It has been 16 months since South Africa and India first proposed the waiver, which is supported by over 100 low- and middle-income countries. However, a handful of wealthy countries, including the UK, continue to block this proposal, which could increase access, local production and self-reliance.
In Latin America, most countries face limited access to COVID-19 treatments due, in part, to patent barriers and restrictive licensing deals controlled by pharmaceutical corporations. For example, most Latin American countries have been excluded from the deal signed by Pfizer and the Medicines Patent Pool for the treatment nirmatrelvir/ritonavir. This means those countries will not be allowed to buy generic versions of this oral drug that are produced under the deal. The drug also has patents pending in most Latin American countries, which, if granted, would not expire in many countries until 2041. This will leave countries dependent on Pfizer’s supply and pricing decisions.
“The impact of the pandemic in many Latin American countries including Brazil, Bolivia, Colombia and Peru was devastating, with a very high number of deaths and treatment providers struggling to support COVID-19 patients in severe and critical condition, with limited oxygen and intensive care units,” says Felipe Carvalho, MSF Access Campaign Coordinator in Latin America.
“With the possibility of new variants emerging that may threaten the efficacy of existing preventive tools, access to affordable generic medicines such as baricitinib and nirmatrelvir/ritonavir will be key to treat the most vulnerable people and those contracting severe forms of the disease. It’s high time that opposing countries endorse the TRIPS Waiver to facilitate affordable generic production and supply of these medical tools in as many countries as possible.”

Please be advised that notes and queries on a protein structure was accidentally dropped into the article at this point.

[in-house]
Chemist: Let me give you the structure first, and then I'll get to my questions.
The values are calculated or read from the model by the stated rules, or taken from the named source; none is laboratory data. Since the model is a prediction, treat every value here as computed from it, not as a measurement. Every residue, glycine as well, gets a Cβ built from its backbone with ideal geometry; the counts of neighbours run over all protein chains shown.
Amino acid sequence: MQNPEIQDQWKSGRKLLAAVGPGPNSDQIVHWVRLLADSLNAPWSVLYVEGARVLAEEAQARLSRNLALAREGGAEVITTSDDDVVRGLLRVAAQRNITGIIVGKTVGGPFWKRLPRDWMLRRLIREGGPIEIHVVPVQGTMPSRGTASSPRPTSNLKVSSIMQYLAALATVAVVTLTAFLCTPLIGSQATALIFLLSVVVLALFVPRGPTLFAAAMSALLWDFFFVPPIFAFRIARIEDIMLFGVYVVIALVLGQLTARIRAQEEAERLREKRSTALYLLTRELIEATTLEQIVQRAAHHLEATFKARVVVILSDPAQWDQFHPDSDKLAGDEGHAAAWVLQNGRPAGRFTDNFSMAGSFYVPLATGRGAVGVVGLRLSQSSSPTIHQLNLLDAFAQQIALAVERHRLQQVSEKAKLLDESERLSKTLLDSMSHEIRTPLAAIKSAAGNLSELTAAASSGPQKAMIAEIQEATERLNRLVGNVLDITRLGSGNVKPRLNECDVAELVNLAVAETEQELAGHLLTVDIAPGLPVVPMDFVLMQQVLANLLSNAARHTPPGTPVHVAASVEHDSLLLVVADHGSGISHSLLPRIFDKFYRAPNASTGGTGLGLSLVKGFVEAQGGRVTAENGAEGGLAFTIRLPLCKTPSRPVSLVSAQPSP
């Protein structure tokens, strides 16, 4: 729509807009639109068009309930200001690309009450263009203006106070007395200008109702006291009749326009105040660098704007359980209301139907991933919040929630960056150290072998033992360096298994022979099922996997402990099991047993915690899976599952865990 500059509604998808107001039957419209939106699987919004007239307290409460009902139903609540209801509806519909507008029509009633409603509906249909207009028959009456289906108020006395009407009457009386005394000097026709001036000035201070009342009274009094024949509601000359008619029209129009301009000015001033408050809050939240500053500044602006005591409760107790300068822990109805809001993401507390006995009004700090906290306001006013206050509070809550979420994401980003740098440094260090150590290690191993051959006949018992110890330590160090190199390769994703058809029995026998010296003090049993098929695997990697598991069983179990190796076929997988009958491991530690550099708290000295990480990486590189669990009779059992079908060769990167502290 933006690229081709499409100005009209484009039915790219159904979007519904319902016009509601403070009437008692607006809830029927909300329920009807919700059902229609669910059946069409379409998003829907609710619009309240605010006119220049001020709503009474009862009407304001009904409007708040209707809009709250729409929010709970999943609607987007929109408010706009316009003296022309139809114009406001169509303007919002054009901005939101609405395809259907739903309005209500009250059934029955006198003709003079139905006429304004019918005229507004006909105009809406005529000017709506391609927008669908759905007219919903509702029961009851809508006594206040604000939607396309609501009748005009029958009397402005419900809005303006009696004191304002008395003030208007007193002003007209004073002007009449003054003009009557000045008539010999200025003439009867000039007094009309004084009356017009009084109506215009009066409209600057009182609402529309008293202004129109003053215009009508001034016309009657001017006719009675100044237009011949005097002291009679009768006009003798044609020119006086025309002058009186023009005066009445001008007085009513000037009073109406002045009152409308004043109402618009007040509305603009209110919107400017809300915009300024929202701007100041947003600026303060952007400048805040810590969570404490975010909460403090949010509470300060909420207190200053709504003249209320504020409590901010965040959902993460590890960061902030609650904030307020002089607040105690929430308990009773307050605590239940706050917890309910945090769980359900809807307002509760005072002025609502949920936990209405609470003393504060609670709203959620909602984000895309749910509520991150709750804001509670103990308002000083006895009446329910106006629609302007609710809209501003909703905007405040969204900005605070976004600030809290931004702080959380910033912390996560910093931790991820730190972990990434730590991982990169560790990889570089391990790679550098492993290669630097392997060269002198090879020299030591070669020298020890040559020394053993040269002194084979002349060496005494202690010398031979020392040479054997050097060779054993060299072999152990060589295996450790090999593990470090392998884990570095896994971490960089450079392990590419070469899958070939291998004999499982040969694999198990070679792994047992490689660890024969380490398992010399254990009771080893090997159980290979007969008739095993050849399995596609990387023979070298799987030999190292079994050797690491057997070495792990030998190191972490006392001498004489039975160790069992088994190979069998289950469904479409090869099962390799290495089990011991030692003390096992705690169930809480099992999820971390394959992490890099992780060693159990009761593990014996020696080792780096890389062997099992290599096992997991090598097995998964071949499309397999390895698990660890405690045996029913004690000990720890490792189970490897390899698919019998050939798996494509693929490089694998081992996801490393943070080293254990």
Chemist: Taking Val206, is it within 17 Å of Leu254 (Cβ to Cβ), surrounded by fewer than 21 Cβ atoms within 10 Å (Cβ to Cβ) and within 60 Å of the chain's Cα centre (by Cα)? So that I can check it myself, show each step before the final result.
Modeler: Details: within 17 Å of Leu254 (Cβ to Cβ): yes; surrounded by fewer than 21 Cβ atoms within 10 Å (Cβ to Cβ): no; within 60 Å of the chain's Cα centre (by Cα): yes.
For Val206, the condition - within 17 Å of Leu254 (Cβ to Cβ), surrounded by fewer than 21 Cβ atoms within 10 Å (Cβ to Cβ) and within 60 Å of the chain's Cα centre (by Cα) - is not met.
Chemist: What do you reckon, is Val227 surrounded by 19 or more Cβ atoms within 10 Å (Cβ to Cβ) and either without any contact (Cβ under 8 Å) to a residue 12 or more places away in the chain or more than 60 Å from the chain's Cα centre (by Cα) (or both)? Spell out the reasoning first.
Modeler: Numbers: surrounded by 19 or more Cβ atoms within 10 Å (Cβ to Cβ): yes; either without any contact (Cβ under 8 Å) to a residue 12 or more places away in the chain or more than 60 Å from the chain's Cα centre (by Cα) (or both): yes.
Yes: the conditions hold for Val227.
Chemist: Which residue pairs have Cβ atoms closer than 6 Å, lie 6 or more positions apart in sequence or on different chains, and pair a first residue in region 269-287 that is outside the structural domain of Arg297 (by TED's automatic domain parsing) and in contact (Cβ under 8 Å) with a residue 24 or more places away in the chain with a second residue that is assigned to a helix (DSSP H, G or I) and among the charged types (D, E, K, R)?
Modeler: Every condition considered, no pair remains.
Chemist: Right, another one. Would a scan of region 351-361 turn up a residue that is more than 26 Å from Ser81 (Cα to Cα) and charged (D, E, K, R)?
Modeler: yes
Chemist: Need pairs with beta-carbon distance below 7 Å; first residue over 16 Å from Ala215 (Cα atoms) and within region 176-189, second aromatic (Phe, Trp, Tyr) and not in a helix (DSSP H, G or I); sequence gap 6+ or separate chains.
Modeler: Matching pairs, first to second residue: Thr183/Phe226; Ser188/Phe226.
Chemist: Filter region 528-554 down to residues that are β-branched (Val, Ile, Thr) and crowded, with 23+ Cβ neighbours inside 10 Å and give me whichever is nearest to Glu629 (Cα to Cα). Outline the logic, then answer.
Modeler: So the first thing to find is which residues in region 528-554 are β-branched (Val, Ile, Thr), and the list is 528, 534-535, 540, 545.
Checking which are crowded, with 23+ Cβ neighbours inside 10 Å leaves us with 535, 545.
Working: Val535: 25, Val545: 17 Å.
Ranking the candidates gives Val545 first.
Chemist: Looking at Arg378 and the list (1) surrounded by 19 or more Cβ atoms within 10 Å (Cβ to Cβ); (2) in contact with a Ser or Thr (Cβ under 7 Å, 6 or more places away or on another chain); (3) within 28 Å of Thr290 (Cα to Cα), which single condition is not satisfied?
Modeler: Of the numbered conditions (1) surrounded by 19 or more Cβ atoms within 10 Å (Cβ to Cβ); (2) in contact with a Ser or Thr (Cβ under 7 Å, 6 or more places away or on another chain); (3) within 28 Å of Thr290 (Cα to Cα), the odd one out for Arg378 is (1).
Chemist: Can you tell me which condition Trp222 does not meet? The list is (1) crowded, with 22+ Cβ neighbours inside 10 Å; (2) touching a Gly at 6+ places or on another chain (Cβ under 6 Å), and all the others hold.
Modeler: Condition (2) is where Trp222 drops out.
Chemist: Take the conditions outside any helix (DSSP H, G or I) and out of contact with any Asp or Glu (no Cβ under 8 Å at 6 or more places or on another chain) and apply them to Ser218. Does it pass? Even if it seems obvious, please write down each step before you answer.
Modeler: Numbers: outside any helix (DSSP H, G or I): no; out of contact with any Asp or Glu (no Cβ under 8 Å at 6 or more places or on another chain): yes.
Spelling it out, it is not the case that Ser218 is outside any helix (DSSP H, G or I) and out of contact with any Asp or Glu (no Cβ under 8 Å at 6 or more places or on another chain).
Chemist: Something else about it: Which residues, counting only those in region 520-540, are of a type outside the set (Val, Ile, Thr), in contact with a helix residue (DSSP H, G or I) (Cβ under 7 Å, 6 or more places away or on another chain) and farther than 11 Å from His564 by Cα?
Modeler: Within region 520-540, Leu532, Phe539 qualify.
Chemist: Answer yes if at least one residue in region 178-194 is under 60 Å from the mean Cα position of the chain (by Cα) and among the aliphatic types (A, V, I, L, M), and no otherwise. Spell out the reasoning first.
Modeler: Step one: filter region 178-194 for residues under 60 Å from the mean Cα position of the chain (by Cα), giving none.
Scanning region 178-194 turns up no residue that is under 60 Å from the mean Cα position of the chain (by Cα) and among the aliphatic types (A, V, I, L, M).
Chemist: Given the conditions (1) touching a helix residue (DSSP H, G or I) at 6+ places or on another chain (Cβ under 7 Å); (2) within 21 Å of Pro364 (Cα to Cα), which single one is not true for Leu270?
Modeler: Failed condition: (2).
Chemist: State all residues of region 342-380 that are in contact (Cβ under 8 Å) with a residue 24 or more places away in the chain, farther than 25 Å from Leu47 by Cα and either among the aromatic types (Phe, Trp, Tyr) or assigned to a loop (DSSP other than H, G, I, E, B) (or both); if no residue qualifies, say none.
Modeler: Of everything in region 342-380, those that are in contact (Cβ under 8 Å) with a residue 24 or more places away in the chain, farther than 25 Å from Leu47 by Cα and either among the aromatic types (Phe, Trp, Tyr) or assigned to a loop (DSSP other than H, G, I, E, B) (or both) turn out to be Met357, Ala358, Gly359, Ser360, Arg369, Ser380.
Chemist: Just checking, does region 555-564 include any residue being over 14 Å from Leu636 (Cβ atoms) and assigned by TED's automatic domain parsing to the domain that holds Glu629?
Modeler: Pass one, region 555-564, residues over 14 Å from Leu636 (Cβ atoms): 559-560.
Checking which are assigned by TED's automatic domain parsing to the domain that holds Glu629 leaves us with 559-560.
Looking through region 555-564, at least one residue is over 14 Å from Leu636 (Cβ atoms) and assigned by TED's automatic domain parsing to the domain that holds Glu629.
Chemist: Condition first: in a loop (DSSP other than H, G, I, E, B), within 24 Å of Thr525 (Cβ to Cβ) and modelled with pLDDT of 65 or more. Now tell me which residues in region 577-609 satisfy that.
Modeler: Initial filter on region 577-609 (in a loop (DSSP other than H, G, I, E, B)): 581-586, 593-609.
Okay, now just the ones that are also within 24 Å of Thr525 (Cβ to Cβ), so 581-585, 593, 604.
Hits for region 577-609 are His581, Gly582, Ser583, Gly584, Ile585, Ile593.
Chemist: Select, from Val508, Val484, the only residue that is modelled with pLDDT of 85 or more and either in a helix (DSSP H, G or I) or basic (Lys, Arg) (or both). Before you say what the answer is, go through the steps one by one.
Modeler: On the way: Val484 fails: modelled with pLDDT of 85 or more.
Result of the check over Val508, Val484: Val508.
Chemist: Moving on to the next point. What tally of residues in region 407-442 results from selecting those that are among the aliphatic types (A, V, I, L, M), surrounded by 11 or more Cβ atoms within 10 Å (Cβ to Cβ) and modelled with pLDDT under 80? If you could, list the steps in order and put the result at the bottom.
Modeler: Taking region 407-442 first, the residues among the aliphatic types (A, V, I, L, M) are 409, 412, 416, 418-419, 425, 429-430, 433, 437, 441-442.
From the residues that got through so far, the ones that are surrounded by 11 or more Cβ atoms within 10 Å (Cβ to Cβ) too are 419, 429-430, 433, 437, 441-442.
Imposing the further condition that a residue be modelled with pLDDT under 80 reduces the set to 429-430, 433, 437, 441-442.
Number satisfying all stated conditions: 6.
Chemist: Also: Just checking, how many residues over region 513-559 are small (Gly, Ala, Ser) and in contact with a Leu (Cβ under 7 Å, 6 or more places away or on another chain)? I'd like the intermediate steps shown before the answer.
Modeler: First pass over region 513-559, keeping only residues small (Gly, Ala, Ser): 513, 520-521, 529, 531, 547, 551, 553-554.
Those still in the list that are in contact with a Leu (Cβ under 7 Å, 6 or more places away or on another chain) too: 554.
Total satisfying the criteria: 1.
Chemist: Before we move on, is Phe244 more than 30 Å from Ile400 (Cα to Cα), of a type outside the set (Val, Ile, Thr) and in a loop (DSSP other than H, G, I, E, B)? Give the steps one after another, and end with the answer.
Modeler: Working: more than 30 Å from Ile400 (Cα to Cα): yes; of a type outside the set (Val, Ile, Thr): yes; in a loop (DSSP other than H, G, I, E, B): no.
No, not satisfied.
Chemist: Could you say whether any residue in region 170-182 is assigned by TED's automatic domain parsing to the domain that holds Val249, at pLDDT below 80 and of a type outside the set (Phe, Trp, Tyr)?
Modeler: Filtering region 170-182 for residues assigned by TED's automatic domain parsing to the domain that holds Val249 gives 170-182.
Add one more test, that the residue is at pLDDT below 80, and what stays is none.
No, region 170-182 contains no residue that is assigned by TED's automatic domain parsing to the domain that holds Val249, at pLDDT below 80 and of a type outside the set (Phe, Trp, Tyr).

“It is shameful that the UK government continues to put pharmaceutical profits above lives,” says Caroline Voute, Health Policy Advisor for MSF UK. “The UK government has hoarded vaccines and is now buying up much of the supply of new treatments. This approach does not line up with its calls for global solidarity. We have already seen that the world cannot rely on the promises of pharmaceutical corporations to end the pandemic. The TRIPS waiver could provide an opportunity for self-reliance in low- and middle-income countries hit hard by the pandemic and pharmaceutical monopolies.”
Given the ongoing inequities in access to COVID-19 vaccines, medicines and tests, MSF has outlined that the final agreed TRIPS Waiver must cover not only vaccines, but all essential medical technologies, including treatments and tests. The duration of the Waiver must be at least five years to allow for the manufacturing and supply of COVID-19 medical tools, including materials and components, to be prepared, scaled up, diversified and sustained.